Court-martial possible in Marines nude photo sharing scandal

Court-martial possible in Marines nude photo sharing scandal

Marine Corps Commandant Gen. Robert Neller on Thursday said one service member could face a court-martial and another has been discharged following the military branch’s nude-photo-sharing scandal reveal in March.

Neller told Senate Armed Services Committee lawmakers that 65 individuals were identified in the scandal — in which service members allegedly shared nude photos of female Marines and veterans in the private Facebook group “Marines United,” — and that 59 were sent to their commands for possible disciplinary or administrative action.


Of the 59 individuals, seven have received non-judicial punishment, 20 have received “adverse administrative actions,” and one Marine has been administratively separated.

The service is also planning an Article 32 hearing to determine whether there is enough evidence to warrant a court-martial on one suspect, but Neller did not say if it was a Marine.

“I've gone personally, as all of my leaders have gone, and spoken to literally tens of thousands of Marines and made them understand what their responsibilities are and I think more importantly . . . the social media things that we've seen have been — were just indicative of a problem within our culture that we did not properly respect or value the contributions of women in our Corps and that's the problem we have to fix,” he said.

Neller was responding to a question from Sen. Kirsten GillibrandKirsten GillibrandAustin tight lipped on whether to take sexual assault cases out of commanders' hands Gillibrand touts legislation to lower drug costs: This idea 'is deeply bipartisan' A bipartisan effort to prevent the scourge of sexual assault in the armed forces MORE (D-N.Y.) who asked for an update on the scandal and was critical of the Marines’ punishment of those found responsible for the 30,000-member Facebook group.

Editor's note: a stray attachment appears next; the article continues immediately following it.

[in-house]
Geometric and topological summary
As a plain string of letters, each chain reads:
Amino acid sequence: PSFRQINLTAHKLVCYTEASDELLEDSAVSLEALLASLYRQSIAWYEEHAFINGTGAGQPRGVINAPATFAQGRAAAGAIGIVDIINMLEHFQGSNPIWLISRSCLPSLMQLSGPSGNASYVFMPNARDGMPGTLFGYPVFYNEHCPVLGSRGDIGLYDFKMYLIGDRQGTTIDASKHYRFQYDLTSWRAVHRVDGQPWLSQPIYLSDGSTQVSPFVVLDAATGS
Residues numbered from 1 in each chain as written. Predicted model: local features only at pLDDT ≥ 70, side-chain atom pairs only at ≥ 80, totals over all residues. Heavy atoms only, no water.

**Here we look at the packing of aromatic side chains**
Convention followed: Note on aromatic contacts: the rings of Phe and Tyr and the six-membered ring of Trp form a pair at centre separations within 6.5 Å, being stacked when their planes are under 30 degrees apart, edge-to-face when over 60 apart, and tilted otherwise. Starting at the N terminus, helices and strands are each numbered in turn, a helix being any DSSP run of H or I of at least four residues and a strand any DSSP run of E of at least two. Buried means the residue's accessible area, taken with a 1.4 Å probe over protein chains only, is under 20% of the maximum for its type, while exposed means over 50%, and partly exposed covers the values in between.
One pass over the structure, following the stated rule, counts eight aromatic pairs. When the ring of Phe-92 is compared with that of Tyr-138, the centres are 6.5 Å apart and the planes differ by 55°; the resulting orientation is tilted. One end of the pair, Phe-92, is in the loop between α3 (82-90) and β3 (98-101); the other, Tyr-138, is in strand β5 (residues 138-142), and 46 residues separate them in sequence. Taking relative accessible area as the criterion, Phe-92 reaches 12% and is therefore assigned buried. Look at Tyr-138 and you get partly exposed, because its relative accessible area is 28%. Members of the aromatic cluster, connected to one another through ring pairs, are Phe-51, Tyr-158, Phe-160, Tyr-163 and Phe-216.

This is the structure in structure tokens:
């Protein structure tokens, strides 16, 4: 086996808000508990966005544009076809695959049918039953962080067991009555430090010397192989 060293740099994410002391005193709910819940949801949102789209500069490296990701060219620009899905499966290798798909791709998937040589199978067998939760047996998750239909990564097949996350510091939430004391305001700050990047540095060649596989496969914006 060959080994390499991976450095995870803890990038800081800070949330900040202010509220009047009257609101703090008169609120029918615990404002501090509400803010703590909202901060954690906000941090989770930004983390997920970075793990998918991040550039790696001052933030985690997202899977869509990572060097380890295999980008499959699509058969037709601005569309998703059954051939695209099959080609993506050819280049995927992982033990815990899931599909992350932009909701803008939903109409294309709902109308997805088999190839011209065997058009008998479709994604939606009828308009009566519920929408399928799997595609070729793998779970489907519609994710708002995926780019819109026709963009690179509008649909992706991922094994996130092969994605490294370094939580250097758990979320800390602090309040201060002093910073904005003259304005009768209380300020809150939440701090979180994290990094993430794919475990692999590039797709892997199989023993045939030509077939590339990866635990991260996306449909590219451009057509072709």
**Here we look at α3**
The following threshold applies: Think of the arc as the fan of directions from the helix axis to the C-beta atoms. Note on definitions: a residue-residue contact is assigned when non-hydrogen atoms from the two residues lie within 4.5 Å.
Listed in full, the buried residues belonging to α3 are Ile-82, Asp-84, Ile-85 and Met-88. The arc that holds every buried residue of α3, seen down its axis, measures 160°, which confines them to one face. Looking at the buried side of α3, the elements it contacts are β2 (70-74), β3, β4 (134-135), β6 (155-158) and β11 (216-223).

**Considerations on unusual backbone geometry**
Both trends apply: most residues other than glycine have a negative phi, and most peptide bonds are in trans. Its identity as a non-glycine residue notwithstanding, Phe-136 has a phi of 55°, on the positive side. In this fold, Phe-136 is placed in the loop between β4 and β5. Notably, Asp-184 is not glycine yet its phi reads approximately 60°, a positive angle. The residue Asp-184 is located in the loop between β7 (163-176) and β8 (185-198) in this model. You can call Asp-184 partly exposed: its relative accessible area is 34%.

“You know which photos are posted; you know where they came from; there are evidentiary trails to be made,” Gillibrand said.

“So I wouldn’t say that it’s likely that these are cases where they couldn’t prove their case. I think it sends the wrong message. If you’re not taking these crimes seriously as an enormous disruption of good order and discipline, I fear that it’s not going to change behavior."

Neller, in turn, stressed that he understands the concerns and said that the investigations are ongoing.

“We're still in the process, this is not over and we'll see what happens,” he said. “I understand your concern and I'll get back to you as we further progress in this process.”

Since the scandal broke, both the Senate and House have backed legislation that makes sharing nude photos within the military a crime.

Sen. Claire McCaskillClaire Conner McCaskillDemings asked about Senate run after sparring with Jordan on police funding Republicans fret over divisive candidates Greitens Senate bid creates headache for GOP MORE (D-Mo.) along with Republican Sens. Dean HellerDean Arthur HellerOn The Trail: Democrats plan to hammer Trump on Social Security, Medicare Lobbying World Democrats spend big to put Senate in play MORE (Nev.) and Joni Ernst (Iowa), are leading the Senate push for the Protecting the Rights of Individuals Against Technological Exploitation (PRIVATE) Act, which would amend the Uniform Code of Military Justice (UCMJ) to make the non-consensual sharing of intimate photos a punishable offense.

The House passed the bill, introduced by Rep. Martha McSally (R-Ariz.), in May by a vote of 418-0.